SHANGHAI/HONG KONG, Oct 18 (Reuters) - China has banned the bulk shipment of black clothing and other items popularly used by Hong Kong protesters to the city, staff at Chinese courier firms said, as authorities grapple with often violent anti-government protests that have gripped the city.
Customer services staff at some of China’s major couriers, including STO Express, ZTO Express and YTO Express, told Reuters that such restrictions were put in place around August.
One staff member from STO said that single pieces of black clothing could be sent, but shipments of more than five pieces would be stopped. They were also not allowed to ship masks, bulk orders of umbrellas or sticks.
“Any items that can be used by mobs,” he said.
ZTO and YTO declined to comment, while STO Express said that it abided by China’s laws and regulations.
China’s General Administration of Customs, which manages the country’s imports and exports of goods, did not immediately respond to a request for comment.
Black clothing and masks have been regularly worn by participants in the past four months of anti-government and anti-China protests in Hong Kong, which have seen police arrest more than 2,300 people since June. Thousands have been wounded, including two shot with live rounds.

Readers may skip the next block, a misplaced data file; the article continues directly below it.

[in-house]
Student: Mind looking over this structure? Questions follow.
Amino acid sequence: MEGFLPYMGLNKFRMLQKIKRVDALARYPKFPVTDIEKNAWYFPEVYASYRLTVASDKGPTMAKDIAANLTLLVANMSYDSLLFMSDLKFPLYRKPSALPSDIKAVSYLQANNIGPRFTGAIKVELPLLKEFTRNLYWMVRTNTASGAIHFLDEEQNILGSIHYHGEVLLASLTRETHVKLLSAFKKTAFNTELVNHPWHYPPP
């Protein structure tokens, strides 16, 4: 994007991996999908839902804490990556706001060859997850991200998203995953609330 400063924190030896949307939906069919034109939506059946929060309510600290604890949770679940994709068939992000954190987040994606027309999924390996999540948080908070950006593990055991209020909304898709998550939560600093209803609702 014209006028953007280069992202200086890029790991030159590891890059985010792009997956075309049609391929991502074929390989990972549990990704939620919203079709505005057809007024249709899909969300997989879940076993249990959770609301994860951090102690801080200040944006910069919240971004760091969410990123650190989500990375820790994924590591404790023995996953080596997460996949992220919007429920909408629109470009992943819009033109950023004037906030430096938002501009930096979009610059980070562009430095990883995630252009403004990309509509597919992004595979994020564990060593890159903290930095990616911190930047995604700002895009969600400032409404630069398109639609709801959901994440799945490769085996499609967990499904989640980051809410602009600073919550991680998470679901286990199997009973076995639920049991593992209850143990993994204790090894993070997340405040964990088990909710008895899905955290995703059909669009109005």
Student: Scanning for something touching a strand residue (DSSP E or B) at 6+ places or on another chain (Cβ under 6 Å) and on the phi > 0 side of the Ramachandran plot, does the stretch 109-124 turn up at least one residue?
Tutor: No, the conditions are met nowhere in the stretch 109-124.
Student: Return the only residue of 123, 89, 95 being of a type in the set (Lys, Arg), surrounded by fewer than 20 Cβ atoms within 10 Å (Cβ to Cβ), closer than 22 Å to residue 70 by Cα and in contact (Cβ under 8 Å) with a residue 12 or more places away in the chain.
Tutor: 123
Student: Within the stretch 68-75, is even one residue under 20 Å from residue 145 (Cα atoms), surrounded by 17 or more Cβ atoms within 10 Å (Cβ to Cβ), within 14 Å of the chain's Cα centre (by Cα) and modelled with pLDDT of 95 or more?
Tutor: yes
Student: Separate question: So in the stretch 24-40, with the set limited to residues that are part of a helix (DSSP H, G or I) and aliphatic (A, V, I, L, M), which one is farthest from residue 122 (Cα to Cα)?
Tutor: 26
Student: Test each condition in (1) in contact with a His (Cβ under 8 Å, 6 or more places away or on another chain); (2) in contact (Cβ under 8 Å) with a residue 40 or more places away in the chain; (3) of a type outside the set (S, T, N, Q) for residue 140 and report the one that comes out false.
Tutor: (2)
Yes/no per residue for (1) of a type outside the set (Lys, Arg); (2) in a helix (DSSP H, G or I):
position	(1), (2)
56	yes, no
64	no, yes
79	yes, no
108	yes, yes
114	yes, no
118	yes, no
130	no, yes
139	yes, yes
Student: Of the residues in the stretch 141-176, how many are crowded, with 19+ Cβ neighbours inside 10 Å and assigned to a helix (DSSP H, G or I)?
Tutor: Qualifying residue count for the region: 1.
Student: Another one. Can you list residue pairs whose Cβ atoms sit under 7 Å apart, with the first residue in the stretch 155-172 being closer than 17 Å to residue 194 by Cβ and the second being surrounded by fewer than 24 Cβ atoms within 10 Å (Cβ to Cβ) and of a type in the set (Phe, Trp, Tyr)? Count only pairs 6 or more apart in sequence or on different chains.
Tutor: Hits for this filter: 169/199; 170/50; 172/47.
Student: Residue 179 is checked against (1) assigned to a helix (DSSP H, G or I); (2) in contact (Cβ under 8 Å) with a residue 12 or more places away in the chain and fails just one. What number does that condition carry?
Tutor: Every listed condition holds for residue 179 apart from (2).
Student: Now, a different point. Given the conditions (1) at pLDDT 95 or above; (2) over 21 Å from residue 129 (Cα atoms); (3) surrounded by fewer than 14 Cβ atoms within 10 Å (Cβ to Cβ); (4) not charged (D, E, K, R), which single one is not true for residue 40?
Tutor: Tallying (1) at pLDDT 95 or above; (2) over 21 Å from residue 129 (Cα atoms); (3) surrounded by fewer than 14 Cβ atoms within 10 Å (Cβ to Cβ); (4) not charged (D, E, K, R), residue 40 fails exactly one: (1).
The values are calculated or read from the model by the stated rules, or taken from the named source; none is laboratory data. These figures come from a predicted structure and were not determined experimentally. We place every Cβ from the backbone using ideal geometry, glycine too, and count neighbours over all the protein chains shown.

The protesters are angry at what they see as Beijing’s tightening grip on Hong Kong, which was guaranteed 50 years of freedoms not extended to the mainland under a “one country, two systems” formula when Britain returned the city to China in 1997.
Beijing rejects the charge and accuses Western countries, especially the United States and Britain, of stirring up trouble. The unrest poses the biggest popular challenge to Chinese President Xi Jinping since he came to power in 2012. He has warned that any attempt to divide China would be crushed.
The shipping restrictions appear to be having little impact on the ground in Hong Kong, however, sales representatives at retailers such as Uniqlo, H&M and Giordano Ladies at a local mall told Reuters.
Most said they had not heard of a ban on black clothing, and all said they had not received any corporate directives related to the ban, but also that they had not noticed an increase in the sale of black clothing recently.
One manager at H&M told said she was surprised to hear of such a restriction. “We can sell black clothing. We can also wear it,” she said whilst sporting a black dress. (Reporting by Brenda Goh in Shanghai and Sarah Wu in Hong Kong; Additional Reporting by Beijing and Shanghai Newsrooms; Editing by Alex Richardson)